California High Speed Railway Estimated to Cost $79B: Report

By Eva Fu

A project update report from the California railway authorities has raised the price tag for the Californian rail project to $79 billion.

The railway plan has also been troubled with contract changes, delays, and unexpected cost incurrence, which has more than doubled the project’s original projected cost of $34 billion—renewing calls from critics to abandon the project.

“Again and again, every new report continues to show major cost overruns and taxpayers continue to be punished by Sacramento’s gross mismanagement—taxpayers are being asked to pay more and in return, and they are getting a conventional slower train that does not resemble what was told to voters 2008,” Assemblyman Vince Fong said in a statement. “The bottom line is that we need to either scrap this project entirely or give voters a chance to re-vote on this failed project.”

After reviewing the most recent 2019 report update from the California High Speed Rail Authority:This report…

Posted by Assemblyman Vince Fong on Wednesday, May 1, 2019

Contributing to price hike is said to be due to unforeseen factors in the Central Vally portion of the railway line—the agricultural region of the state. The cost of the segment will rise to $12.4 billion, up by an extra $1.8 billion from last year, and will cover cost increases, a change in project scope, and contingency plans, according to the May 1 report.

The construction of the Central Valley line from Madera to Bakersfield runs about 119 miles and will finish by the end of 2028.

California high speed rail
A conceptual rendering of the bullet train. (California High-Speed Rail Authority)

Republican Assemblyman Jim Patterson, who has been critical of the project, also expressed his concerns.

“They’re making it up as they go along. That’s what I’ve concluded,” he said. “How can we have confidence in what they are going to do in the next 10 years when they have failed to meet every single benchmark over the last 10 years?”

Problems Bound

The California Proposition IA was passed by Californian voters a decade ago in 2008. The vision was to construct a high-speed train system that operates at up to 220 miles per hour—the fastest in the country—cutting down the travel time from Los Angeles to San Francisco to less than three hours.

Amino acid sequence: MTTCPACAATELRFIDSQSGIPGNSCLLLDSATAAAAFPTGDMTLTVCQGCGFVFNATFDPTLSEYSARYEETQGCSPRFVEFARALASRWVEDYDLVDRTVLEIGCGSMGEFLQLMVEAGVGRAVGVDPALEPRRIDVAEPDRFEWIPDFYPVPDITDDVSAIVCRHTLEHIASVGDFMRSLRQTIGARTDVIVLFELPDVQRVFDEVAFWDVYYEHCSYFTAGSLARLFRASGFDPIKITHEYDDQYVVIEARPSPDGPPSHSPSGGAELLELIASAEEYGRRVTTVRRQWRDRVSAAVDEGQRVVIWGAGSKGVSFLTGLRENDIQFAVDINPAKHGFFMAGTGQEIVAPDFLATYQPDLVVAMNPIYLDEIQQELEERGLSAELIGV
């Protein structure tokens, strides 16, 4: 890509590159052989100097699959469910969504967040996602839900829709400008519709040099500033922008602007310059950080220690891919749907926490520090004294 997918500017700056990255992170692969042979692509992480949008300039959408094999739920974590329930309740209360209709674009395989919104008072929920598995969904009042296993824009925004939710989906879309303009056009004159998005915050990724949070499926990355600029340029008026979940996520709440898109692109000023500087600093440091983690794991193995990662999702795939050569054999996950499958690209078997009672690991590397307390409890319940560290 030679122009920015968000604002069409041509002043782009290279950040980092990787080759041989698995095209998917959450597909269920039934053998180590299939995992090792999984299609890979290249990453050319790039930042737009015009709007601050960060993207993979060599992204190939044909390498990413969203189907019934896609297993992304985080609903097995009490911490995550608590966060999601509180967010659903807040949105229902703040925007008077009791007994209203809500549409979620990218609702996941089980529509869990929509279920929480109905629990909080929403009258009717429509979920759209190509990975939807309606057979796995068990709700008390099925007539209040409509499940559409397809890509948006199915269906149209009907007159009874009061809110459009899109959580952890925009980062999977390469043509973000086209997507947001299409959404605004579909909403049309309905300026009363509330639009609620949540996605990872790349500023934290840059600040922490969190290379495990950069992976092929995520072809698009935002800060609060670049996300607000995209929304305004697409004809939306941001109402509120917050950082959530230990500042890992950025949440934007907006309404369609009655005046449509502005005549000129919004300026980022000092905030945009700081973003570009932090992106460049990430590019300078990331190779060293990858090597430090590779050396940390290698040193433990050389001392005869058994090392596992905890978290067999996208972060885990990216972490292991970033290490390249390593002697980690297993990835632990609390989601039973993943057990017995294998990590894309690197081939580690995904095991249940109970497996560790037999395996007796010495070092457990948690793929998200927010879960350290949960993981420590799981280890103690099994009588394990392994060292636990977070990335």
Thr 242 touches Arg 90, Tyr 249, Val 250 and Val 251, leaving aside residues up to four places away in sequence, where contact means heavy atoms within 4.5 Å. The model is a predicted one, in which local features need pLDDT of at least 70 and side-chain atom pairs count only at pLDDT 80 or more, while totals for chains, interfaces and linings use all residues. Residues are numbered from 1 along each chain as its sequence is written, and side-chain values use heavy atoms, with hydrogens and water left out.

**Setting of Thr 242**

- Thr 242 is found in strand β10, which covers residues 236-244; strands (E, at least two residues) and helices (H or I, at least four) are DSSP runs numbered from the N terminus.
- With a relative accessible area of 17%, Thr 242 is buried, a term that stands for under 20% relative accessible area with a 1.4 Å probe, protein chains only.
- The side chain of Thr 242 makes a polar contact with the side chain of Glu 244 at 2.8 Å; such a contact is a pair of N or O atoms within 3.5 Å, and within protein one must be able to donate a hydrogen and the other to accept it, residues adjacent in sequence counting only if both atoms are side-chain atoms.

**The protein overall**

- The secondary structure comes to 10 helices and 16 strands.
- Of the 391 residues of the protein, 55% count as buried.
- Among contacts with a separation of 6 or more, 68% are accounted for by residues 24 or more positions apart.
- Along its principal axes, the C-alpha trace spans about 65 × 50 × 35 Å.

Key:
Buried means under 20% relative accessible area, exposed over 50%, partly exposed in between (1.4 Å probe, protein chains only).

But the construction did not start until 2015, nearly three years behind the schedule, and the final completion date was pushed back from 2028 to 2033.

A state audit issued in November said the California’s High‑Speed Rail Authority’s “flawed decision making and poor contract management have contributed to billions in cost overruns and delays.” The audit also raised questions of whether the project will deliver the high speed it promised, as it has been integrating with the existing infrastructure whenever possible.

A poll from the Public Policy Institute of California last December (pdf) shows that only one in five voters considered building a high-speed rail system a high priority.

In his State of the State address on Feb. 12, the newly elected California Governor Gavin Newsom stated his commitment to completing the rail line, but said he will be scaling back the scope and focus on the Central Vally segment.

“Let’s be real: The current project, as planned, would cost too much and take too long,” Newsom said. The governor said that there was a lack of oversight and transparency.

A week after Newsom made the speech, the U.S. Department of Transportation withdrew $929 million in funding, and sought the return of another $2.5 billion that has already been put into the rail project.

Lee Ohanian, a senior fellow at the Hoover Institution think tank and an economics professor at UCLA, thinks that the project was not economically feasible.

“The High-Speed Rail Authority commissioned a study in 2014 that estimated total benefits over time of $80 billion. However, many of the benefits arrive so far in the future that you may as well just make a guess at what those benefits might be, given how quickly technologies evolve that will affect the demand for high-speed rail, including communication and transportation technologies.

“And this 2014 estimate was made before the latest round of delays. After ten years and $5.4 billion, it is now clear that this project, as it currently stands, does not make economic sense,” Ohanian wrote.